Catholic officials say protesters calling for the removal of a statue of St. Louis' namesake should consider all that the imperfect man did to help the poor and the sick.

ST. LOUIS (AP) — Catholic officials say protesters calling for the removal of a statue of St. Louis' namesake should consider all that the imperfect man did to help the poor and the sick.

The Archdiocese of St. Louis said in a statement Sunday that King Louis IX is "an example of an imperfect man who strived to live a life modeled after the life of Jesus Christ."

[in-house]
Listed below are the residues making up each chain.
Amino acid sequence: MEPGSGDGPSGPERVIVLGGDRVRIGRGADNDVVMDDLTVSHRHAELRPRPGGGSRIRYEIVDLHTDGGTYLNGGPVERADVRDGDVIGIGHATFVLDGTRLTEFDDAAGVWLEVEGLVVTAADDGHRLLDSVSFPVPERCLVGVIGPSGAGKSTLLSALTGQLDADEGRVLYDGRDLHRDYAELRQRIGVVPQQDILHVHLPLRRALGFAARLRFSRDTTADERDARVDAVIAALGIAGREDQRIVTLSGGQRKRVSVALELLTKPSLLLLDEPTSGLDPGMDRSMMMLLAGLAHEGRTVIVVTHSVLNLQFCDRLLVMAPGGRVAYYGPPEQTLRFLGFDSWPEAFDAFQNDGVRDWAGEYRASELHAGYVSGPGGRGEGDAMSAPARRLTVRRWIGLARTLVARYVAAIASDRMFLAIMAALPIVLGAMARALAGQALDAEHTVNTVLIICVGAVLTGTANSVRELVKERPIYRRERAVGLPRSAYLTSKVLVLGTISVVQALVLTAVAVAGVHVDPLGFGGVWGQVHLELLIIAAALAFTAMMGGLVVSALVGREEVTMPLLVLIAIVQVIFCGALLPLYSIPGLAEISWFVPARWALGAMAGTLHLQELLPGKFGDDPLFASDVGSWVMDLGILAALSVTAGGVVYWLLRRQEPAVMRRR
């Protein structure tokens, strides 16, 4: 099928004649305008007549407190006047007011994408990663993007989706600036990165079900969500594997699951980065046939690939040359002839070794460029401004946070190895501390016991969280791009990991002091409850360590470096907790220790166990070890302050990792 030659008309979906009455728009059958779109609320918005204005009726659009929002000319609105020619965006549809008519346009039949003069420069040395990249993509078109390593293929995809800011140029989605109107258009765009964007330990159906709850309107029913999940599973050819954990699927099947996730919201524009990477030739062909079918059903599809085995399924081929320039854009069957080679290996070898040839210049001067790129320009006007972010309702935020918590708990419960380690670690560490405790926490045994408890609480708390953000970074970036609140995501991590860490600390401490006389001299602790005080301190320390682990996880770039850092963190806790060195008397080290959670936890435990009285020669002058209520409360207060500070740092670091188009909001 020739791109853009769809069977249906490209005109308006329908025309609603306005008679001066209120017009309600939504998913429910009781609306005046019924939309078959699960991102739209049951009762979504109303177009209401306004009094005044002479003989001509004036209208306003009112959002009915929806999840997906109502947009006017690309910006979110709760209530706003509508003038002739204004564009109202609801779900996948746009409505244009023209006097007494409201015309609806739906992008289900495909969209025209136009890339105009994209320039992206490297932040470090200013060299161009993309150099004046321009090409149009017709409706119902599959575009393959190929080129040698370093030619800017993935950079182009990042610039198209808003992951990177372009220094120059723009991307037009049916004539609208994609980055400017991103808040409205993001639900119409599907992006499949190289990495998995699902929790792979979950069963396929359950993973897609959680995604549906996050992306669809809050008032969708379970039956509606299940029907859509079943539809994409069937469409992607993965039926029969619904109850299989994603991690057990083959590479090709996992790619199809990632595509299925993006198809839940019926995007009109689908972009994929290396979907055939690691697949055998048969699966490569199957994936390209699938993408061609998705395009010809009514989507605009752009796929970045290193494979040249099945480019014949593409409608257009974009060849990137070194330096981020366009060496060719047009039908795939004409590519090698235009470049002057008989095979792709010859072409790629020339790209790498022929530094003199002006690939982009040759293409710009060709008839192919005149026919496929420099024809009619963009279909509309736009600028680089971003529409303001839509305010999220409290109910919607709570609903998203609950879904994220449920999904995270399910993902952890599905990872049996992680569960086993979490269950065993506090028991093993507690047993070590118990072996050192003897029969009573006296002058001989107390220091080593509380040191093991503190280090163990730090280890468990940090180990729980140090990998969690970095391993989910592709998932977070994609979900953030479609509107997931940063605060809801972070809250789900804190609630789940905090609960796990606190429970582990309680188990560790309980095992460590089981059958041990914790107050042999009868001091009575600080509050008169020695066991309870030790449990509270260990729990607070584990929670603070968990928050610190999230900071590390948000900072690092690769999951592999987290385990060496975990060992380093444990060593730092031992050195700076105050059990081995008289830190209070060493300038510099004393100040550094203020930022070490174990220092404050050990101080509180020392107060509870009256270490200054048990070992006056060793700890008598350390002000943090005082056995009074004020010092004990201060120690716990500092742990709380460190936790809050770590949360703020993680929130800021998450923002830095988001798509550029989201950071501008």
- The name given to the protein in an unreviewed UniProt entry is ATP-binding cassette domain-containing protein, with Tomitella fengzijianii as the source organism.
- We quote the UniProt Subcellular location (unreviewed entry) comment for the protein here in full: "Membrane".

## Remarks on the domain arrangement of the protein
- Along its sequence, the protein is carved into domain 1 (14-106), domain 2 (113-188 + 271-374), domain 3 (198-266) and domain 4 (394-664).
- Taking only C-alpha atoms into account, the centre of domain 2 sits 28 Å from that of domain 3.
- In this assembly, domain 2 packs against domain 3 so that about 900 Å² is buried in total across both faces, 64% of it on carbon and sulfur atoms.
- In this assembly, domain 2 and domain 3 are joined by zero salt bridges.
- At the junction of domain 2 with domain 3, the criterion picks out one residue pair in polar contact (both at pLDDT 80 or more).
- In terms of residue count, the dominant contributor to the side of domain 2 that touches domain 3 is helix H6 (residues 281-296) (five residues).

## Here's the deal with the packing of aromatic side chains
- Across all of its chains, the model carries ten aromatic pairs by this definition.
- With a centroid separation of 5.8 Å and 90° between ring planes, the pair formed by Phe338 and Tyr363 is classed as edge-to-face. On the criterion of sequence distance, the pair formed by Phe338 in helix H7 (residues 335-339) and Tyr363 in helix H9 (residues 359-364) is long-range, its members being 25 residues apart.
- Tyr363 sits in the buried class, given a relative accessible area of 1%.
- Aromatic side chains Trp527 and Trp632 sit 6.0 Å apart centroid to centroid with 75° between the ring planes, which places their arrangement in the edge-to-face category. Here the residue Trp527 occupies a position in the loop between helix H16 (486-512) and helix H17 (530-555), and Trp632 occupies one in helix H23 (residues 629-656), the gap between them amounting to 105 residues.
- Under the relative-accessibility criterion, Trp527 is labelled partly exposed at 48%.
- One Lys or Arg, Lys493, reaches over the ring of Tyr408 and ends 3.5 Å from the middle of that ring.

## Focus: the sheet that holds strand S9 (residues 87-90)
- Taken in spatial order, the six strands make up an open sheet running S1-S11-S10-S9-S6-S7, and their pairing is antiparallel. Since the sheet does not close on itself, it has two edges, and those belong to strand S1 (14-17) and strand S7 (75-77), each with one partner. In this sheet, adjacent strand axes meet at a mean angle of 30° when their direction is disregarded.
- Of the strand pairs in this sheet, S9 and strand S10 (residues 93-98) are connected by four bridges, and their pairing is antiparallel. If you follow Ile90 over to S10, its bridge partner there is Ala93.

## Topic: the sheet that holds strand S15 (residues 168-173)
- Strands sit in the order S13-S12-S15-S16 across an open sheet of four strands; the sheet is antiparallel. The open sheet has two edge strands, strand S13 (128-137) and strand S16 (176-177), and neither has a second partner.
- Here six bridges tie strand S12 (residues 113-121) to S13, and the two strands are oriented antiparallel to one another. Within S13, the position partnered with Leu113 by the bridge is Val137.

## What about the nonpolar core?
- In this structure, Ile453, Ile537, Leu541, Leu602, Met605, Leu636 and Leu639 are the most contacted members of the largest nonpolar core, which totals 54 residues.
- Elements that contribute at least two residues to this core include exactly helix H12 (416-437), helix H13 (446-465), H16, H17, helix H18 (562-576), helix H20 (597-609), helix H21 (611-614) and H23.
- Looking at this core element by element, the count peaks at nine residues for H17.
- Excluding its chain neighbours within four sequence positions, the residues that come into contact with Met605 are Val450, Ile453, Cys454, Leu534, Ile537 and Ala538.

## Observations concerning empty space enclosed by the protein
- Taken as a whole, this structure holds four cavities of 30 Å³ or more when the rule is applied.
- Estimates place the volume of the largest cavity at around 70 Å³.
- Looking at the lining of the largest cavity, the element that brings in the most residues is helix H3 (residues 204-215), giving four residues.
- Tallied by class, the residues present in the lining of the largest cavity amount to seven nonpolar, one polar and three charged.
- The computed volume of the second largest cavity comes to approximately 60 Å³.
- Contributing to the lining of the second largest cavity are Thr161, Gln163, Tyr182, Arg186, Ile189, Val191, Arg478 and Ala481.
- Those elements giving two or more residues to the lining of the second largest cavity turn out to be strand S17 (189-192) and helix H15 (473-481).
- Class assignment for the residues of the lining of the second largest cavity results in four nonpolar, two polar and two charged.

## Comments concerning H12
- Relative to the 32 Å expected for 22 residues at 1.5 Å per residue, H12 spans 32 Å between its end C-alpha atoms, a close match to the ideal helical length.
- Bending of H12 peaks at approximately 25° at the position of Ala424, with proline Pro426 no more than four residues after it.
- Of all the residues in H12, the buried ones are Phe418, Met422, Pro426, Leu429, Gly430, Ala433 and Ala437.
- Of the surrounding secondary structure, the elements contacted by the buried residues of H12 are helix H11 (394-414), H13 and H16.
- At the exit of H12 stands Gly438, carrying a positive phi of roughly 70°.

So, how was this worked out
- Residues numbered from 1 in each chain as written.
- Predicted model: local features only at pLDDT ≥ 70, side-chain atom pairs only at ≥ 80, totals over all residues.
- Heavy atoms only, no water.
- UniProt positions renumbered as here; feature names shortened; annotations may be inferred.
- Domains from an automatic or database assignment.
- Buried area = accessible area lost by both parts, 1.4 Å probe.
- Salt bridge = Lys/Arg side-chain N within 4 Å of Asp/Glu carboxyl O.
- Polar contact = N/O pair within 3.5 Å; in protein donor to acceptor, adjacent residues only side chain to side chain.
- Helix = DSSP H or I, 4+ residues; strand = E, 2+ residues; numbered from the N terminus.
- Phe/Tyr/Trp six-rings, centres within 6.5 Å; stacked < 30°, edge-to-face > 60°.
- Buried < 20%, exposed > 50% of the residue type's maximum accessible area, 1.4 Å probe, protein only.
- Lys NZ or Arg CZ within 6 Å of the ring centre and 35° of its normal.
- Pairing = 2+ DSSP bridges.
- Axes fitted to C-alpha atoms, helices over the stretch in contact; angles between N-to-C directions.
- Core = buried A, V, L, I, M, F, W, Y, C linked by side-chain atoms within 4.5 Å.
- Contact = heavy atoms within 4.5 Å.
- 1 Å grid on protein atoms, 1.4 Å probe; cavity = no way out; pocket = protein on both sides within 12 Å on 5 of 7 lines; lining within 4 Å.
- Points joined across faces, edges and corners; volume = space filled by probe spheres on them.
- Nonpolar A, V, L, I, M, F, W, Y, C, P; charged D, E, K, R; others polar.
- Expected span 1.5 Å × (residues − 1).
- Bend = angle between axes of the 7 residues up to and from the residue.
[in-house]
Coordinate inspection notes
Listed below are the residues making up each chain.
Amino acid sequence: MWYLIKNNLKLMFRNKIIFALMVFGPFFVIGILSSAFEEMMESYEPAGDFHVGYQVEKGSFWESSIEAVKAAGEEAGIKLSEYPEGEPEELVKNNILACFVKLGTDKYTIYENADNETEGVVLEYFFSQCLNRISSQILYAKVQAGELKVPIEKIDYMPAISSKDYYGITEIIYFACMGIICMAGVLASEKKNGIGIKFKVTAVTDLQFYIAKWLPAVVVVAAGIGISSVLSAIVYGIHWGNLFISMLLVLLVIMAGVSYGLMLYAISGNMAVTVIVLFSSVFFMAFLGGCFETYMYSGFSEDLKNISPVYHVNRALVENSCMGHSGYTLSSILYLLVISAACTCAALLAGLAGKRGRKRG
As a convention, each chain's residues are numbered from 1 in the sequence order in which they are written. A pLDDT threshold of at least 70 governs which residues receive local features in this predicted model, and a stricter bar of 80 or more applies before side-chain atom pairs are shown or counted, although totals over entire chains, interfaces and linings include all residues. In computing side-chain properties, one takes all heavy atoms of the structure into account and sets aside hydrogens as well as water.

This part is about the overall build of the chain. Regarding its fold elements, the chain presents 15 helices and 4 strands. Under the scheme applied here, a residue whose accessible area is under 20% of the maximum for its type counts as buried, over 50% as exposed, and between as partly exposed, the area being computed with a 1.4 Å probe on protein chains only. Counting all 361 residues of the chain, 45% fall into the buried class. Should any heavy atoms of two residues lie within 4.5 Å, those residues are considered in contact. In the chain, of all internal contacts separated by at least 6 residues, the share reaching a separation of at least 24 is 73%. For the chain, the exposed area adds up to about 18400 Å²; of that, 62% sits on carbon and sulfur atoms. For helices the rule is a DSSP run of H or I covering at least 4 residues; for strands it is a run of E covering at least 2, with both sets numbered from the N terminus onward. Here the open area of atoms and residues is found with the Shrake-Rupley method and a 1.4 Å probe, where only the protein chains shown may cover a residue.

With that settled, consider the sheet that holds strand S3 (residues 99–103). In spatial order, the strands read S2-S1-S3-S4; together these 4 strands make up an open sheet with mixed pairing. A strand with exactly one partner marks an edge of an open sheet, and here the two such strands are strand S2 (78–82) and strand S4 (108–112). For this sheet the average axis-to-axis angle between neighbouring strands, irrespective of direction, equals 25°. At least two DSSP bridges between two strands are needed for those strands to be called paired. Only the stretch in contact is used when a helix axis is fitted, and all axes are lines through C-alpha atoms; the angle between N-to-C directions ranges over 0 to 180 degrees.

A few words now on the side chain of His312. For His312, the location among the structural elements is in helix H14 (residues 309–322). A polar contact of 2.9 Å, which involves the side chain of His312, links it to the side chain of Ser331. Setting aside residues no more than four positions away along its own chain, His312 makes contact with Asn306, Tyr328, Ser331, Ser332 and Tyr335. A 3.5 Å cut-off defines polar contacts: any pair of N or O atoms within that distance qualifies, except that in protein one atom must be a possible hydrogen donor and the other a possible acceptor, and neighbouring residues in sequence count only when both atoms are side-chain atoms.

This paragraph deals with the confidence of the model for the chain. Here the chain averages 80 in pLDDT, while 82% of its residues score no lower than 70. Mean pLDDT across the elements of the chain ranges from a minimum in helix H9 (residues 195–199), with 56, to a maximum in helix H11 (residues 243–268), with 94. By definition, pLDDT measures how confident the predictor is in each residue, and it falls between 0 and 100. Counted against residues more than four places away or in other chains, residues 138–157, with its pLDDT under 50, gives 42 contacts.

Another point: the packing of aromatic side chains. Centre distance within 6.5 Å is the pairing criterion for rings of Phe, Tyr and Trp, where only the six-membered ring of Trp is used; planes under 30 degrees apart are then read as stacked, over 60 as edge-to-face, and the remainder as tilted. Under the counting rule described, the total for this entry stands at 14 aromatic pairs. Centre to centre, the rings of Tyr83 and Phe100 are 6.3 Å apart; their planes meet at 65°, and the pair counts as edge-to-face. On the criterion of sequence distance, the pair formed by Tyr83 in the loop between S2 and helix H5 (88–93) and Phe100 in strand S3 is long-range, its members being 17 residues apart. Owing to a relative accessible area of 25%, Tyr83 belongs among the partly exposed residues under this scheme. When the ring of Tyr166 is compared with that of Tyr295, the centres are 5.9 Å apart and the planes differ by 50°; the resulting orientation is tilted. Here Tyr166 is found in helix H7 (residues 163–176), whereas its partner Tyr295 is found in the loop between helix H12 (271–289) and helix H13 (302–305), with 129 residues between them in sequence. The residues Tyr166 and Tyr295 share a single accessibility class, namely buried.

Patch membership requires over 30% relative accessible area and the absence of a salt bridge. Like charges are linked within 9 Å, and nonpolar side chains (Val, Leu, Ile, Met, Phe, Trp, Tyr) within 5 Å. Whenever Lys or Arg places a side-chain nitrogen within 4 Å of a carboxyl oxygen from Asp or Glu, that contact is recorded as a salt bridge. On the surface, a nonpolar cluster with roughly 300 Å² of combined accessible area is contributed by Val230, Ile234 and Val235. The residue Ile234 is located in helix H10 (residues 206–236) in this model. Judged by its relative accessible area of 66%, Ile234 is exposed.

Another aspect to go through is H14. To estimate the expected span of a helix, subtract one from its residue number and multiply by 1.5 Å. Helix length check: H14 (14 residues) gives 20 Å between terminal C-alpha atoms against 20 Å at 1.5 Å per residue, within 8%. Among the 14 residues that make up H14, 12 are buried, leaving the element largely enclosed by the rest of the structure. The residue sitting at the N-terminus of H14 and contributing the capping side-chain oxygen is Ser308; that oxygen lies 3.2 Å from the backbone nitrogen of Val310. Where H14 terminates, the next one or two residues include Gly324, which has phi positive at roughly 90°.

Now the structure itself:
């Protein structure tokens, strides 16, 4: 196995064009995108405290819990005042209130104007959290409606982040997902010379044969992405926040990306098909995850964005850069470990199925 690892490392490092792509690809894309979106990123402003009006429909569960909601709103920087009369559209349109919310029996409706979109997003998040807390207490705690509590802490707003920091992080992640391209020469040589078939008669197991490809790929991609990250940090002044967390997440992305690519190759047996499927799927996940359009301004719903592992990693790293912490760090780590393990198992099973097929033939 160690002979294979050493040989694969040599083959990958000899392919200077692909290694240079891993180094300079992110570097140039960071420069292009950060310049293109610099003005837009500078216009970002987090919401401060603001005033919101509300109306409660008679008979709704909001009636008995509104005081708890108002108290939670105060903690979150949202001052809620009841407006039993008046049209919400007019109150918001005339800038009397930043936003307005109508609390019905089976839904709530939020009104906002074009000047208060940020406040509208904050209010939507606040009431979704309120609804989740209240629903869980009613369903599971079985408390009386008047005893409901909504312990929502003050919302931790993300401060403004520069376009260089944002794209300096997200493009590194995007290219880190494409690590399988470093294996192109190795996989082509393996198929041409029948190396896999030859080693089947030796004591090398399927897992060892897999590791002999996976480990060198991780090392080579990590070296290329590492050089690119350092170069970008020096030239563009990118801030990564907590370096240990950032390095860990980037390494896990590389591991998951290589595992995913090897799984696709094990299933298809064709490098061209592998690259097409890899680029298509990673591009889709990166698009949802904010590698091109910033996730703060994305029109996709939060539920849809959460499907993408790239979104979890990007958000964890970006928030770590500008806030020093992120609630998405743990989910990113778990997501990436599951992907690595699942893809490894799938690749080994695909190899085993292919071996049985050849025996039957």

The archdiocese said the saint and ruler of France during the 13th century opened hospitals and shared his daily meals with beggars. 

The statement did not directly address criticism that Louis IX led a violent Crusade against Muslims in the Middle East. But the archdiocese said those seeking change should focus on policies that will dismantle racism and create a more equal society instead of seeking to "erase history."

On Saturday, roughly 200 people gathered near the statue of the sword-wielding king with some calling for it to come down while others — many of them Catholic — prayed near its base.

The protests over King Louis IX' statue comes amid calls  across the country to remove other monuments, particularly those honoring Confederate leaders.